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What’s next for the Phoenix Suns after yet another playoff disappointment?

Despite the presence of Kevin Durant to go along with Devin Booker, the Suns were ushered out of the playoffs at home on Thursday by the Nuggets.Matt York/Associated Press

Two years ago, the Suns held a 2-0 lead on the Bucks in the NBA Finals and appeared primed for their first championship. The Suns, led by coach Monty Williams and All-Star Devin Booker, then lost four consecutive games and ended a stellar season in disappointing fashion.

The Suns have since been considered favorites in the West. Last season, they were knocked off in the conference semifinals by the Mavericks, including an embarrassing 33-point Game 7 loss at home. On Thursday, despite the presence of Kevin Durant to go along with Booker, the Suns were ushered out at home by the Nuggets, allowing 81 first-half points in another disheartening defeat.

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Now there are major questions for the Suns. The first shoe dropped Saturday night, when Williams was fired after four seasons as head coach. Chris Paul, acquired in November 2020 to galvanize a young group with his leadership, was injured yet again and missed the final four games of the Denver series with a groin strain.

Paul, a cinch Hall of Famer who was once the league’s top point guard, is in decline and may not have enough to lead a championship-caliber team to the promised land. Paul is set to earn $30 million next season in the final year of his contract but only $15 million is guaranteed, so he could be waived or traded.

Paul intimated he plans to play next season and noted that he is under contract with the Suns. So, he’s ready to run it back.

“It’s a lot, but we all know we came up short,” said Paul. “We’ve got to regroup and see what’s next. You learn to be grateful for the opportunity. I definitely get a chance to play basketball every day and that’s a blessing. I’m grateful. There are a lot of people who would love to be in this situation. I’m 38 years old and you can call it what you want to.

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“But I come in and work hard every single day and I’m not going to act like I’m here by luck or something like that. I put the work in and put the work in for a long time and you can analyze and say what you want to about it, but for me it’s about the work and not everybody wants to do the work. A lot of people want to talk about it and analyze it, but all I do is put my head down and do the work and when you do that I can live with the results.”

Durability has been a question for Paul in recent years, and a 38-year-old lead guard for a contending team would be unprecedented. Steve Nash was an All-Star at age 37 in his final year with Phoenix but played just 65 more games after that. Paul wants to defy conventional wisdom.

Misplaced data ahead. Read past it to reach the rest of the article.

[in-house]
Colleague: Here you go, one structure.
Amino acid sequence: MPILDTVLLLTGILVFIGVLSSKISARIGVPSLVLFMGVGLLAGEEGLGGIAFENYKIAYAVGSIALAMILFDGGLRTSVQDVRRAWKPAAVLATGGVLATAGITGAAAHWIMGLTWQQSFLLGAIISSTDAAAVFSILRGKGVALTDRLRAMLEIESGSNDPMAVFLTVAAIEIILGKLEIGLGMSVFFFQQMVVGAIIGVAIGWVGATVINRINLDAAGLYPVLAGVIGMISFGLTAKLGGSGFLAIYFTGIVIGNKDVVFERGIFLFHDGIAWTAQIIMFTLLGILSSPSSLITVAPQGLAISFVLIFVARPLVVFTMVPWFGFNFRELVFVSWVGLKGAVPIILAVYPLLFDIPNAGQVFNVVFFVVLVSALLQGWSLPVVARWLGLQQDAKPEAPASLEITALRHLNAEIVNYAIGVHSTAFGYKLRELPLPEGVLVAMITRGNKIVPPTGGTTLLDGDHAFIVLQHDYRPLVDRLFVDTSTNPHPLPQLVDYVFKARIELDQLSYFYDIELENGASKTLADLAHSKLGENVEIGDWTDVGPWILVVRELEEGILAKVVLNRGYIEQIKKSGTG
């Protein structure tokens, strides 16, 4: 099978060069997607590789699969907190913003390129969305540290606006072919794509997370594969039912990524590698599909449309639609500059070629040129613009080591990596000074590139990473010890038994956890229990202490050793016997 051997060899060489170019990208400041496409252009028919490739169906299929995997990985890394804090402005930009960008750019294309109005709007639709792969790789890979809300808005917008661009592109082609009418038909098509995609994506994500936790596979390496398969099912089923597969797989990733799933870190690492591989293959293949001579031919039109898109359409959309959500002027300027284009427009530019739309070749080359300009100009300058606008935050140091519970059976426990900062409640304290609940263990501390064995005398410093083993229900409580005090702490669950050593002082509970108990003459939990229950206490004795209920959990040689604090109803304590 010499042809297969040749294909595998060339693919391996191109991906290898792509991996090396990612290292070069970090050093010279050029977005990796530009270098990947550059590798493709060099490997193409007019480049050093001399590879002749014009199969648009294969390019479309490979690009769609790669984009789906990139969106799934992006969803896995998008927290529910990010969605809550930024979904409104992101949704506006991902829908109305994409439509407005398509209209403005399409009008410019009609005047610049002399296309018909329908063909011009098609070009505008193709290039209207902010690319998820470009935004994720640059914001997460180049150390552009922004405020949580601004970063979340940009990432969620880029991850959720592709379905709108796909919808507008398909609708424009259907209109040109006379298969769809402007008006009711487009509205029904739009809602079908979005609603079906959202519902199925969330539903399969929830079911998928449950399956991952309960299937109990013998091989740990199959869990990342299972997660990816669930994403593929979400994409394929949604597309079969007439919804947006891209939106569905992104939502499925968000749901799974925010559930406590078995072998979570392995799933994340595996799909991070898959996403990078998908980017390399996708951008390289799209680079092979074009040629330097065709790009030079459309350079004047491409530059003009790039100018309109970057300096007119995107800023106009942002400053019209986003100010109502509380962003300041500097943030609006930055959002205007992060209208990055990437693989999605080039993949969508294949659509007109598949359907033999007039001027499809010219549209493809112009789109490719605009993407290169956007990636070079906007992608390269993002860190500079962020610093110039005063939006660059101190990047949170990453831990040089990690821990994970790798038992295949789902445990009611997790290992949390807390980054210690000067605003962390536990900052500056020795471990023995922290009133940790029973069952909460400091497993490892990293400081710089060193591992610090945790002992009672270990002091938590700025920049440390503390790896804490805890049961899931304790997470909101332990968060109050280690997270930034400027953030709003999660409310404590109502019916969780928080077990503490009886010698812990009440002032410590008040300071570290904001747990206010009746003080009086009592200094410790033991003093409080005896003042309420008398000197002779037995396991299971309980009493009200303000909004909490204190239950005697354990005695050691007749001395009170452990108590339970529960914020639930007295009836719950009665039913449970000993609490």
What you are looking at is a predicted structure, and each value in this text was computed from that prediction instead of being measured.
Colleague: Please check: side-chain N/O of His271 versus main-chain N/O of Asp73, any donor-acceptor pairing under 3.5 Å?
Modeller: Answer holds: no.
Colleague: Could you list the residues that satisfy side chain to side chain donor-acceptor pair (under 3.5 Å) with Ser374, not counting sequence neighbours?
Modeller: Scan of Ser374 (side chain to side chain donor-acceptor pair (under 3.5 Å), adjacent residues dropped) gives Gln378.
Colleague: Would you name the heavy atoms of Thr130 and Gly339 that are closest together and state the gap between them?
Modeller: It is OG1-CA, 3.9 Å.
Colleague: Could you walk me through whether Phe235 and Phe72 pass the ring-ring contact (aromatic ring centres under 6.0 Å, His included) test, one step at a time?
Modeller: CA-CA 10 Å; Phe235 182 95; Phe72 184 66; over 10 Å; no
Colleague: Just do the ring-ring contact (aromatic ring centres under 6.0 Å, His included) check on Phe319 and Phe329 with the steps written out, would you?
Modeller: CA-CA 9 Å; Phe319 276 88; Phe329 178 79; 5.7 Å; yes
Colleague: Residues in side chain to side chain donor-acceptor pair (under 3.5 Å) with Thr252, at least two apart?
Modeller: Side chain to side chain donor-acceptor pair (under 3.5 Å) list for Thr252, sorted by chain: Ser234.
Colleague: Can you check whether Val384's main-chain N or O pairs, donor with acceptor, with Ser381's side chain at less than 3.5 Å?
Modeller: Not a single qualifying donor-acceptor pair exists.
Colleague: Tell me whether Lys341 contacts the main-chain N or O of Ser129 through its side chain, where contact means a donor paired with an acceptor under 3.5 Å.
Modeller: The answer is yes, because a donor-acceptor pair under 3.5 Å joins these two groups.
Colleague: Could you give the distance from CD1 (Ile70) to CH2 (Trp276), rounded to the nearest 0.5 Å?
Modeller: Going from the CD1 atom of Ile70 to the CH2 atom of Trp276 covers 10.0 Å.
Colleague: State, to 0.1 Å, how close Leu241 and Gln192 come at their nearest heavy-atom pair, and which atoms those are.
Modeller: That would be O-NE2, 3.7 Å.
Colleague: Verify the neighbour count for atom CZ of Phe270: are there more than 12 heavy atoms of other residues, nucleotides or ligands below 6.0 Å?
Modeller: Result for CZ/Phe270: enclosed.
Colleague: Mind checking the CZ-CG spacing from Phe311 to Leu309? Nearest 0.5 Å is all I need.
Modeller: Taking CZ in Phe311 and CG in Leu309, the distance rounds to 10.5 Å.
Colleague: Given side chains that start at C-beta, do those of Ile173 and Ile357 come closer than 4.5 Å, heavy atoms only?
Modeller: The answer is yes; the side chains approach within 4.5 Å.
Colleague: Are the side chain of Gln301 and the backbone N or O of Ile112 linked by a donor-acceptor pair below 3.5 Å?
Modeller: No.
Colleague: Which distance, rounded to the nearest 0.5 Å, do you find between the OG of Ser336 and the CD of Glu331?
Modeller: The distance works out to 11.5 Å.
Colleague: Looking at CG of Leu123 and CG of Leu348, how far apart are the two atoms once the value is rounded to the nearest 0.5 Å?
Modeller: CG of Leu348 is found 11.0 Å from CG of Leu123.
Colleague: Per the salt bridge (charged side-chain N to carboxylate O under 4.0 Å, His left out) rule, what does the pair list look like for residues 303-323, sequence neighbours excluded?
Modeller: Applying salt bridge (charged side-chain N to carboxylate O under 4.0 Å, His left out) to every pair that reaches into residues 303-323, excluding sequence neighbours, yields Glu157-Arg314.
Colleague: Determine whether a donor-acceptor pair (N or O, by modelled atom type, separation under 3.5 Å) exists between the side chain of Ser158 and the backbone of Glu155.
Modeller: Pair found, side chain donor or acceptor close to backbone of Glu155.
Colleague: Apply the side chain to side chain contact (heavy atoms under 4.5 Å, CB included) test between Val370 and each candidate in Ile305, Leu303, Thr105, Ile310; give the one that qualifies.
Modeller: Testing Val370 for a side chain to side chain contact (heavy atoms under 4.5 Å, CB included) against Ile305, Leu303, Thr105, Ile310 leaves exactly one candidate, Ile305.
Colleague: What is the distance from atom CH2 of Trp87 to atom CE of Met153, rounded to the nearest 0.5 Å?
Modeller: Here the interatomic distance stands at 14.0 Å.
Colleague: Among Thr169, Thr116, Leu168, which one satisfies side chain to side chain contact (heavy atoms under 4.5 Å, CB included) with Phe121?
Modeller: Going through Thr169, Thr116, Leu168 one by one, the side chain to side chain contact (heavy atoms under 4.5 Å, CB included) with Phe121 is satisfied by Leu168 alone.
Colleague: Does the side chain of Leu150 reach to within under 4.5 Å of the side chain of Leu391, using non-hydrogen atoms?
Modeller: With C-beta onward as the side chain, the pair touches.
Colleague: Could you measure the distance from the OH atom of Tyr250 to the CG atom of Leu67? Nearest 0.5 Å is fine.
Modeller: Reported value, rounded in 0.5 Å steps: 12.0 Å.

“I get to play basketball and that’s my way of life, and I get to play it at a high level,” he said. “I know who Devin is at the core. I think the hardest part for me was not being able to be out there and help him in those situations. But Book knows me and where my heart is. You don’t play 18 years at a high level and not learn how to adjust and adapt with the game. I’ve been in the NBA a lot longer than some people have been covering it.

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“I don’t talk about it too much but I know this game just about better than anybody. I put that up against anybody and that’s not going to change. And I’m going to keep putting in the work, so if you’re mad at it, you hate it, it’s on you.”

There are other issues in Phoenix. Former No. 1 overall pick Deandre Ayton, who the Suns drafted over Luka Doncic and Trae Young, struggled mightily in his matchup with two-time MVP Nikola Jokic. Ayton missed Game 6 with bruised ribs, leading to questions about his toughness and desire. Ayton is a capable center but has never been an All-Star and has been a slight disappointment.

Ayton could be traded this offseason as the Suns seek a more productive and reliable center, but he wants to stay in Phoenix.

It's been a strange time in Phoenix for Deandre Ayton.Christian Petersen/Getty

“I love Phoenix,” he said. “I’m going to continue to play hard for Phoenix. I don’t listen to the outside noise. I’m here. I’m happy. We didn’t finish things off the way we wanted but there’s always next year and we’ve just got to do a little more work. NBA teams are getting smarter, so there’s a lot to focus on.

“[The criticism] is easy to ignore. I let the peanut gallery keep going and then I shut them up with my performance. Having teammates that know you and help you with your mental is big and I don’t take that for granted.”

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Ayton had a right to be annoyed with the organization. The Suns refused to sign him to a maximum contract extension, allowing him to enter restricted free agency. The Suns then matched the Pacers’ offer, bringing him back at considerably less than a max contract. Ayton clashed with Williams over his work ethic and role in the offense. Before Williams’ dismissal, Ayton said everything is good.